Mothers now work much more often than in previous decades, but still spend more time looking after children than mothers in the 1960s
Success at work really means more work at home for women. The more economically dependent men are on their wives, the less housework they do. Even women with unemployed husbands spend significantly more time doing housework than their spouses
In addition to an already unsustainable situation, we are now in a global pandemic with many schools and daycare centers closed or functioning virtually. So what now?
Meghan Knox, DVM, mother of a 16-month-old relieved veterinarian in New Jersey, says what so many of us are feeling. “I deeply long for a level of relaxation that I simply cannot achieve given the state of the world,” she says. “My family needs a vacation, in a beautiful place like the Caribbean. My dentist recently discovered that I had clenched my teeth from stress. Now I am officially seeing physical manifestations of the stress of the past 8 months. “
Knox missed the normal practices of motherhood. “I still mourn the many losses this year – missed trips, missed first birthday parties we imagined for the baby, canceled weddings and showers, and the family who couldn’t travel to meet the baby. It’s sadness and tiredness and there is just no patience left for anything else in any area of my life. “
After reading it, are you surprised that female vets are more likely to have risk factors for suicide, including depression, thoughts of suicide, and attempted suicide? According to 2018 data, female veterinarians are 2.4 times more likely to commit suicide than the general US population, while male veterinarians are 1.6 times more likely to commit suicide than the general US population
An impossible task?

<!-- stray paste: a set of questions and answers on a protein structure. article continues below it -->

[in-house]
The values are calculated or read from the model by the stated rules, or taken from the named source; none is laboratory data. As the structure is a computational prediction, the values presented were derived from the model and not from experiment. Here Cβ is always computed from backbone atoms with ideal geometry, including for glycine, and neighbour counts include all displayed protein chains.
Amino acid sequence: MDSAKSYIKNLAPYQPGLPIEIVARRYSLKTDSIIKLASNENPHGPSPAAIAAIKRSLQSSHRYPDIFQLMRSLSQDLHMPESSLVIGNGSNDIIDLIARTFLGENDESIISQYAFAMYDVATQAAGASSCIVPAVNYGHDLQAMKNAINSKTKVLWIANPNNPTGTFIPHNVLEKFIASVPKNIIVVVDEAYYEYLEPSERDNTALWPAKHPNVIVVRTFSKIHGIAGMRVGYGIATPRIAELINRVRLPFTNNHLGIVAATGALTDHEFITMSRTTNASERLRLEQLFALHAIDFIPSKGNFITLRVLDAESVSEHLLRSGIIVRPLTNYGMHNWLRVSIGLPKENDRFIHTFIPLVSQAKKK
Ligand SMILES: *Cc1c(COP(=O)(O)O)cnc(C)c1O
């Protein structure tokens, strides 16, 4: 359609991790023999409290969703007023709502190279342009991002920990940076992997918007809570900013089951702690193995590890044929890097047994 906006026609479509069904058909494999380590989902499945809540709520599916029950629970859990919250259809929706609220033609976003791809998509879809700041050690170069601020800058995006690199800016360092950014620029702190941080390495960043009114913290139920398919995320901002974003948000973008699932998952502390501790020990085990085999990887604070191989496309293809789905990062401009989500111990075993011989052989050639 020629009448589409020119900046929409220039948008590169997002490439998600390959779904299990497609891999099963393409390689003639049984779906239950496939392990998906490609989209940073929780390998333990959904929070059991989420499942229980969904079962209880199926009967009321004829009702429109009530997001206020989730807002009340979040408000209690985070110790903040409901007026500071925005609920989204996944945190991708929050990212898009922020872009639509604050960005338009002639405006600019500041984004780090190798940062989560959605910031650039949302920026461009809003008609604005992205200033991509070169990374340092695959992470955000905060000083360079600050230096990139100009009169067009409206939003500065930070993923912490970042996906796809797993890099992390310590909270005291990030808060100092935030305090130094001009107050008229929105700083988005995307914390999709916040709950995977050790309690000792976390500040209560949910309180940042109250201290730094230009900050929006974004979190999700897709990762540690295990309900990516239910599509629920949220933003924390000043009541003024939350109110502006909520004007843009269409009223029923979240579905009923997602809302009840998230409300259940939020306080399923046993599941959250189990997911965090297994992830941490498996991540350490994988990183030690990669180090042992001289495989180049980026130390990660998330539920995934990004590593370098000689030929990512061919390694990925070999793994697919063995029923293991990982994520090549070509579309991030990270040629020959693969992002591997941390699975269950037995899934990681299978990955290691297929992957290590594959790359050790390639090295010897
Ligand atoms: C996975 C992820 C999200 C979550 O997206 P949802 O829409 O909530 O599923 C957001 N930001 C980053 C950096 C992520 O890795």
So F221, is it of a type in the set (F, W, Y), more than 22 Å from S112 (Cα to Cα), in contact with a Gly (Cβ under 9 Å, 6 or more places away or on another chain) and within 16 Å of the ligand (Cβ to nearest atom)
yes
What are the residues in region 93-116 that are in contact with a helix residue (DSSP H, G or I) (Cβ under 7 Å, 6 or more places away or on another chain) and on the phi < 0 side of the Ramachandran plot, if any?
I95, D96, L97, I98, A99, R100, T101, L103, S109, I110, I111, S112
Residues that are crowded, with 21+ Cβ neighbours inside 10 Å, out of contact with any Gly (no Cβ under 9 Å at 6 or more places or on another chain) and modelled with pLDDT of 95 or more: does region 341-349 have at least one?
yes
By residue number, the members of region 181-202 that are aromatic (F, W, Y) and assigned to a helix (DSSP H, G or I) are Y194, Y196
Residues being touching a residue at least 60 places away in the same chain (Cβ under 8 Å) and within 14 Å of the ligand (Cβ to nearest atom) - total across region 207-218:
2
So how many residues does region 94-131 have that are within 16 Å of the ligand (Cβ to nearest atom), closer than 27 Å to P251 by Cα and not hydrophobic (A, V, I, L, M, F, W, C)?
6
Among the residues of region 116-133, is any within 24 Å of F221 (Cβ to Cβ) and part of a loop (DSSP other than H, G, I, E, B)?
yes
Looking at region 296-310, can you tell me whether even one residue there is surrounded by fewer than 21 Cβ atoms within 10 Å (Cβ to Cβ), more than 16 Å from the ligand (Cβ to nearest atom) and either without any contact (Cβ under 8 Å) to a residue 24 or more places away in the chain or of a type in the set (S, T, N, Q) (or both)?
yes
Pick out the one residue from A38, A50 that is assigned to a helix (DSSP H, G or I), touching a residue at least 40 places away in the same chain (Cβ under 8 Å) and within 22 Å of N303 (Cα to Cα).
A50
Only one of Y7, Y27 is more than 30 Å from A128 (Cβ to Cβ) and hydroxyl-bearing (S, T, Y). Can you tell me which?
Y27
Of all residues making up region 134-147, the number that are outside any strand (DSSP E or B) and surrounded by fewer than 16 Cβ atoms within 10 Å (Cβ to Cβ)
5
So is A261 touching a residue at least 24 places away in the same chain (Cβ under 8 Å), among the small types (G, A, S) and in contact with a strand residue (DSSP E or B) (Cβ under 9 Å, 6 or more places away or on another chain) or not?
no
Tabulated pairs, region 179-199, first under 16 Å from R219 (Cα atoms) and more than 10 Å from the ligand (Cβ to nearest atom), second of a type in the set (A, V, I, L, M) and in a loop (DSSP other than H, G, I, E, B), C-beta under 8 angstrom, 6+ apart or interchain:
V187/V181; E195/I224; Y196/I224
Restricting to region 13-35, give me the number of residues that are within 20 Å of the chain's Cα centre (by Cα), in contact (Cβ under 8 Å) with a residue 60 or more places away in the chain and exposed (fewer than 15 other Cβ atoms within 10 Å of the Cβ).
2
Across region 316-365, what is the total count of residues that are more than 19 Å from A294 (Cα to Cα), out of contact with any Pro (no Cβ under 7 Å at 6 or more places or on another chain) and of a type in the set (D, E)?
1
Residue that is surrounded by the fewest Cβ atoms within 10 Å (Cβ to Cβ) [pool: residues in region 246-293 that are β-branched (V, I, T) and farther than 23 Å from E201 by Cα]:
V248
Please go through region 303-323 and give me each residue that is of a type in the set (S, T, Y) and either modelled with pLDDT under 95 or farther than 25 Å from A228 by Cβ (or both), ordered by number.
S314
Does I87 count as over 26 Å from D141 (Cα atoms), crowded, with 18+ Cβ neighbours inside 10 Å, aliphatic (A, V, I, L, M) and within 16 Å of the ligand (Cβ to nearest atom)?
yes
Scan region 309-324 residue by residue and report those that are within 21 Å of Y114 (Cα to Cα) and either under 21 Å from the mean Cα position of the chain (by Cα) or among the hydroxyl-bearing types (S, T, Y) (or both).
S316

When you’re a veterinarian and a mom, you have two roles. Both require dealing with anything that comes your way with skill, speed and infinite patience when everyone who is dependent on you is in maximum need day and night. They are available around the clock. If they don’t sleep, you don’t sleep. You must anticipate and meet the needs of everyone in a world that moves every day. And in the face of all of this, you need to keep your composure and compassion and never go wrong.
Vet mothers, let me be the first to tell you that you are accomplishing the impossible and performing on a superhuman level. I’m not afraid to say that maintaining the status quo is unsustainable. Each of you makes the world turn around its own axis every day. Together you are a massive part of a job that is already under enormous stress. Together we need to redefine both roles and create an organizational structure that supports the veterinary mothers on whom our profession depends. The question is how?
Liz Bales, VMD, has a particular interest in cats’ unique behavioral and wellness needs. She is a writer, speaker and expert on cats around the world. Bales sits on the alumni board of the Dean of the Department of Veterinary Medicine at the University of Pennsylvania and serves on the advisory board for dvm360®, AAFP Cat Friendly Practice, Vet Candy, and Fear Free.
1. How much does it cost to attend a veterinary school? VIN Foundation. Accessed January 25, 2021. https://iwanttobeaveterinarian.org/how-much-does-it-cost-to-attend-veterinary-school/
2. Burns K. Vets Census Finds Bottleneck Trends, Practice Ownership. American Veterinary Medical Association. June 26, 2019. Accessed January 25, 2021. https://www.avma.org/javma-news/2019-07-15/census-veterinarians-finds-trends-shortages-practice-ownership
3. Lee R. Is your veterinary office ready to add a member? Practice. March 17, 2015. Accessed January 25, 2021. https://www.praxisvet.com/veterinary-practice-transition-blog/is-your-veterinary-practice-ready-to-add-an-associate#:~ : text = Statistics% 20show% 20that% 20an% 20experienced, more% 20than% 20the% 20average% 20associate
4. Colopy SA, Buhr KA, Bruckner KB, Morello SL. The intersection of personal and professional life for male and female diplomats at the American College of Veterinary Surgeons in 2015. J Am Vet Med Assoc. 2019; 255 (11): 1283-12 1290. doi: 10.2460 / javma.255.11.1283 https://stats.oecd.org/index.aspx?queryid=54757
5. Bianchi SM, Sayer LC, Milkie MA, Robinson JP. Housework: Who has, has or will do it and how important is it? Soc Forces. 2012; 91 (1): 55-63. doi: 10.1093 / sf / sos120
6. Rao AH. Even breadwinners are not treated as equals at home. The Atlantic. May 12, 2019. Accessed January 25, 2021. https://www.theatlantic.com/family/archive/2019/05/breadwinning-wives-gender-inequality/589237/
7. New study shows higher than expected number of suicide deaths among US veterinarians. Press release. December 20, 2018. Accessed January 25, 2021. https://www.cdc.gov/media/releases/2018/p1220-veterinarians-suicide.html